This photo shows the opening "lip" created, with the seam side turned outward, because I didn't want the crate to catch on the edge as I was slipping it in and out of the bag.

Additionally, I had sewed up one side of the bag and then put the crate and pad back in it, in this partially-finished state.  For projects like this that do not need to be precise, I find it more efficient to fit as I go, rather than sewing based on measurements that I've made.  So for instance, if you use a thicker crate pad, you'd want your bag to be slightly larger than this one so that it would accommodate the extra bulk.

Don't make your bag too tight.  There's no reason for that and it will only make it more difficult to insert and remove the crate and pad.  The crate has many wiry edges.  It will tend to catch on fabric.   
Now I've sewed up the second side.  
A steel crate is heavy, so I needed big wide thick shoulder straps.  I created them out of two twelve-inch lengths of the same upholstery fabric.  
I half-folded the wrong sides together like this.  
Then I folded over the end pieces so that they could be stitched first.  
Once the ends of the straps were sewed, I folded the straps together again, seam edges on the inside, and stitched all the way around each perimeter.  The resulting strap is approximately three inches wide, four layers thick.

Then I experimented with placement on the bag, as to what would be the best strap length and position.  I decided on this configuration shown above.  Again, no precise measurements - I used the tape only to ensure that each strap would be anchored the same distance inward from the sides of the bag.

It was very awkward to sew these straps on using the sewing machine.  At this point in the project, the machine was sewing through six layers of this fabric.  But it was able to handle the task as long as I proceeded slowly.
Once I got the first strap sewed on, I flipped the bag over and positioned the other strap in the same manner, lining the two straps up by feel.  This pic actually shows both straps on top of each other, but you can only see the top one.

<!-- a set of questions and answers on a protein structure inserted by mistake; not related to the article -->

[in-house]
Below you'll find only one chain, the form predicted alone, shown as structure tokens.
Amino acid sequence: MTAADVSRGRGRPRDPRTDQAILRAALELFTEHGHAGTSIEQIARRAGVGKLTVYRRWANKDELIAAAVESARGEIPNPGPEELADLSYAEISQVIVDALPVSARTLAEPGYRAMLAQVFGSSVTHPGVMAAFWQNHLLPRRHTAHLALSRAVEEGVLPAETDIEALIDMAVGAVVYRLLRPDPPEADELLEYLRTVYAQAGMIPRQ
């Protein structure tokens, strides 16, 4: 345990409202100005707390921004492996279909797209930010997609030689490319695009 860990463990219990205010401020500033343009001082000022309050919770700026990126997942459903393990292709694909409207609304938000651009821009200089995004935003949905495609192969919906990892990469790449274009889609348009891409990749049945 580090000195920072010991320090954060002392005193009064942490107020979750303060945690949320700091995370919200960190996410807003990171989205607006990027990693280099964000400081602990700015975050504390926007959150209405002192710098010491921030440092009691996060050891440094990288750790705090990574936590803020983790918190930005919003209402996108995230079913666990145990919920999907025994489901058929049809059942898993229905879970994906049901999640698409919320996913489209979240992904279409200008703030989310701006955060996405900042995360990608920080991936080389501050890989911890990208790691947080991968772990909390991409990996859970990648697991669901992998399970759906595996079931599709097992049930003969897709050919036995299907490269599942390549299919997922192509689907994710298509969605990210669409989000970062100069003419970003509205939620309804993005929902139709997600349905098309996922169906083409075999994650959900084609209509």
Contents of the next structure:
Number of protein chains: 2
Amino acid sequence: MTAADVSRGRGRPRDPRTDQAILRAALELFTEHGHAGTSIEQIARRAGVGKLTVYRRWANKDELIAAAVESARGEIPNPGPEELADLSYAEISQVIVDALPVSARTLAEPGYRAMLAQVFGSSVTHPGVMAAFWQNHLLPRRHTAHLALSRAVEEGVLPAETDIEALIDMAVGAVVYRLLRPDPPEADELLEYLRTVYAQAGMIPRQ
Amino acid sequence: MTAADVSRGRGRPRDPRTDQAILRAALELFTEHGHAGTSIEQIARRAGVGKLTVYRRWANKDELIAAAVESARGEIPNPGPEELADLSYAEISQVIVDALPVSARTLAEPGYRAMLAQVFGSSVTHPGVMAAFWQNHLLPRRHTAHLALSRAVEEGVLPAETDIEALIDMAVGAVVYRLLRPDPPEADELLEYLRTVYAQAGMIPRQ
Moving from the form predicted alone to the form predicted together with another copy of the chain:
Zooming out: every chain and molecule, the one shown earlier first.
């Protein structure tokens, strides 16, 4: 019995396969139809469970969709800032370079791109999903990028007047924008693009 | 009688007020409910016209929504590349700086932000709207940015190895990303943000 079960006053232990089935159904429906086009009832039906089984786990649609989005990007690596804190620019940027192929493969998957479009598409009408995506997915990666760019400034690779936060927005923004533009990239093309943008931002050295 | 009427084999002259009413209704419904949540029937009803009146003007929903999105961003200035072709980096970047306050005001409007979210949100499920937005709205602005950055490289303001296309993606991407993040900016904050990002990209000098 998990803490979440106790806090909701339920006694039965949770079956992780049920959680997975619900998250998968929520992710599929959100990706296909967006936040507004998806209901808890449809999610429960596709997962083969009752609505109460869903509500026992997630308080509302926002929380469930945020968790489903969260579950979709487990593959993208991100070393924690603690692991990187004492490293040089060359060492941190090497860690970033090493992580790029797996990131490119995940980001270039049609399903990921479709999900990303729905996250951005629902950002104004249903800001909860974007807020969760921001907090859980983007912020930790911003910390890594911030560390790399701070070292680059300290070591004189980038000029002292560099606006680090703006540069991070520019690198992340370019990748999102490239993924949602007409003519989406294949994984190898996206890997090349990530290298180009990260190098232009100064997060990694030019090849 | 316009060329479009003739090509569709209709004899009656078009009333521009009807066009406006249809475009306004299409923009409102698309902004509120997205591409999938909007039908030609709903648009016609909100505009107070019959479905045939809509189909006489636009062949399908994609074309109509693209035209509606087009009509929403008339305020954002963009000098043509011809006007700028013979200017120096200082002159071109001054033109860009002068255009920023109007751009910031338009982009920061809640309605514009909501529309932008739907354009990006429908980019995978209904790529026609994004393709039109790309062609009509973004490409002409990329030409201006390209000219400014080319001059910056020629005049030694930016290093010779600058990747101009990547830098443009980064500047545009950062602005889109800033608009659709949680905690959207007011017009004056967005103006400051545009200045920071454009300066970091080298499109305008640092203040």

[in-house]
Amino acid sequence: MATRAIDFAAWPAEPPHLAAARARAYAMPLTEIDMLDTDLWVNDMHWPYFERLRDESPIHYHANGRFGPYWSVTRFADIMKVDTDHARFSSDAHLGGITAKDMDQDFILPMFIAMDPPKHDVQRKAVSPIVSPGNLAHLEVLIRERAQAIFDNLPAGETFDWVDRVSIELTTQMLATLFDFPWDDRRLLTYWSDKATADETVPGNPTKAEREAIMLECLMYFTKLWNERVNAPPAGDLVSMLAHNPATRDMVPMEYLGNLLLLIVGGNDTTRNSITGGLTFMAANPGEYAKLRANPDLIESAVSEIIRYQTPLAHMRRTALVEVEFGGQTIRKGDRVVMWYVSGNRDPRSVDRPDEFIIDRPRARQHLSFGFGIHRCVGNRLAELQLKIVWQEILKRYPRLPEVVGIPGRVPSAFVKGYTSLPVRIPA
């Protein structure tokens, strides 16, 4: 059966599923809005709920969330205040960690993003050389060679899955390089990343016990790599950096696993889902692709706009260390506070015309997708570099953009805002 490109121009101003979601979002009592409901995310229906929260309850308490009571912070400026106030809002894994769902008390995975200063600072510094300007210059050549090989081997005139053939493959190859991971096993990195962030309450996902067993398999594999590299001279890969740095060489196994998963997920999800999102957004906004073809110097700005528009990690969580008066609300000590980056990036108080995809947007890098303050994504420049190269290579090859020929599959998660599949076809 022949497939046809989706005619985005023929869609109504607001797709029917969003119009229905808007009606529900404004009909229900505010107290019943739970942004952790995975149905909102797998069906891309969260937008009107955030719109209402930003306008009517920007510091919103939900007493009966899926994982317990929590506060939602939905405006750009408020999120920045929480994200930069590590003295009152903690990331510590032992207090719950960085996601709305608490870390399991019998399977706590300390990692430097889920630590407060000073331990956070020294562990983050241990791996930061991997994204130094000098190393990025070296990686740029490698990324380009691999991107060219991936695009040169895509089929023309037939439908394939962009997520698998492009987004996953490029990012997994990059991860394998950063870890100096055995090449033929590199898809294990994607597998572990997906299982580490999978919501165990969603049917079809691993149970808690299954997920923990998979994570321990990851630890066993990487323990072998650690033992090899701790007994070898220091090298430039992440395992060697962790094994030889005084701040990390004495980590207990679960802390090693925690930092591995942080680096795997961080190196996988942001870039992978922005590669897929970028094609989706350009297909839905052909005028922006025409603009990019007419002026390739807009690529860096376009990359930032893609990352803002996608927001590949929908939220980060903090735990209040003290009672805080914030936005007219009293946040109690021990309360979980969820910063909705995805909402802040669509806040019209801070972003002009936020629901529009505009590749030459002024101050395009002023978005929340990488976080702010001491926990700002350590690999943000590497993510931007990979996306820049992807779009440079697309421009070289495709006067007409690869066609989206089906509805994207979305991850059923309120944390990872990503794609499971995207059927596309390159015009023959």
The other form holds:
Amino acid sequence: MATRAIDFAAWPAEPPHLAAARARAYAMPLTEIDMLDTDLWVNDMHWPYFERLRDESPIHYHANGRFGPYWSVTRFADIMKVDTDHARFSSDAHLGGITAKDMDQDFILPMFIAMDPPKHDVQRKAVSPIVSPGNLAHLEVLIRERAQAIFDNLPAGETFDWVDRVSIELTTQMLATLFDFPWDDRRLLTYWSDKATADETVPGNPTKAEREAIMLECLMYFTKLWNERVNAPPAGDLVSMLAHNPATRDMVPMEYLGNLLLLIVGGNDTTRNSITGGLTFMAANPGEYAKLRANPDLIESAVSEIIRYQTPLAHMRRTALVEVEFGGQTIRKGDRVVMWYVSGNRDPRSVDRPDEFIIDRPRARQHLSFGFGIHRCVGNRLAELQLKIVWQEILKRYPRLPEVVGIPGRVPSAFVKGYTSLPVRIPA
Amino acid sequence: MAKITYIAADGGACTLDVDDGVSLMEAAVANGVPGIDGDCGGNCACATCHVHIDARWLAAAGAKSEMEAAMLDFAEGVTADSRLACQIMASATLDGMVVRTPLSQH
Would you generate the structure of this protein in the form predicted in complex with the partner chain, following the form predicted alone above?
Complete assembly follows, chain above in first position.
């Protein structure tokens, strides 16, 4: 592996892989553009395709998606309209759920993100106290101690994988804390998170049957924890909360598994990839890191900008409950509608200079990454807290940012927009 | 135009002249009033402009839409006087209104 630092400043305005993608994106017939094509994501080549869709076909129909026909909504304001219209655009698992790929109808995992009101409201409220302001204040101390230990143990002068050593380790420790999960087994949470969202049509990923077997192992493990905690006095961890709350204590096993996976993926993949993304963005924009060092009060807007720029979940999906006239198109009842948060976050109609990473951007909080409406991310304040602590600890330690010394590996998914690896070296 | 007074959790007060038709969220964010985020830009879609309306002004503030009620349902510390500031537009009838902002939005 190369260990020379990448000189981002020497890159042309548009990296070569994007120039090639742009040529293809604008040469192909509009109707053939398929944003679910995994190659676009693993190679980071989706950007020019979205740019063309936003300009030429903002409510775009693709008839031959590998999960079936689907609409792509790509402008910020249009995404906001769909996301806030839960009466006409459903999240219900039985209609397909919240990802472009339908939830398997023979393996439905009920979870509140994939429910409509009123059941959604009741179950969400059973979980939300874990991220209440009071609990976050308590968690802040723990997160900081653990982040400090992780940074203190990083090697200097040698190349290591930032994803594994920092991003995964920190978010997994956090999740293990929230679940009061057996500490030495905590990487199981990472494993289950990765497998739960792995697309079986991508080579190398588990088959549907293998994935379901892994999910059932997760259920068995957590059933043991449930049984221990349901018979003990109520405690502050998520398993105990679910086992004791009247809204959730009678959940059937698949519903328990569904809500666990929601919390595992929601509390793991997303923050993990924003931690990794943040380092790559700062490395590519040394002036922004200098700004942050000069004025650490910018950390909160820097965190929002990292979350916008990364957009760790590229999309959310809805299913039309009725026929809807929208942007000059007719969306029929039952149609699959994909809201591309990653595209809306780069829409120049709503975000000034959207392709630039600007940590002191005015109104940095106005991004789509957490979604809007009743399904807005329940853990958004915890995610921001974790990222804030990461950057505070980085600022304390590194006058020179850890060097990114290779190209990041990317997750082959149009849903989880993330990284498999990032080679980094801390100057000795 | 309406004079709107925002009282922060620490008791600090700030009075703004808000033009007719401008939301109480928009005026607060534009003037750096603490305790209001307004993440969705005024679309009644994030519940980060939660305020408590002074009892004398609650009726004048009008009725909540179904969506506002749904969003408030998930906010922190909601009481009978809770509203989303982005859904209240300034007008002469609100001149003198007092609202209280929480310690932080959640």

BTW, have you ever seen those popular Facebook posts that say "LIKE if you remember this object!" where they showcase a lot of nostalgic consumer products of yesteryear?   This object shown above was, in fact, featured in a recent mass posting.  When I saw it, I thought to myself, "Like if I REMEMBER this object?!  WTF - I'm STILL USING that object!!
I would have preferred to run my straps all the way down the side of the bag for strength, the way better tote bags such as this one are constructed.  This tote is by Steele Canvas Basket, which just might be the only remaining manufacturer in America that sells oversized tote bags to the public.  Most of them were taken off the market about 15 years ago because of liability fears (so I was told by a prominent manufacturer when I complained about their sudden disappearance).  Injury lawsuits, in other words.

However, regarding my strap ambitions, with only a light-duty sewing machine to work with, I opted not to get too elaborate with my design, doing only what was needed instead of going for maximum strength. I don't need to be climbing mountains with this crate bag - I just need it to move the crate from house to car to hotel and back again.  As such, I could make do with only minimal engineering.  
Selfie in a smudgy mirror.  This thing is not going to win any design awards, but it only took me a couple of hours to make and it will get the crate-carrying job done.  Not only does it allow me to carry the crate, but it also will prevent the metal edges from scratching the interior side walls of my minivan when it's loaded into the back of it.

Note the visible muscles in my fifty-year-old yoga arms.  If you are not physically fit, I don't recommend that you try to carry a big crate like this, bag or no bag.  You could, indeed, hurt your back or shoulder.   Or both.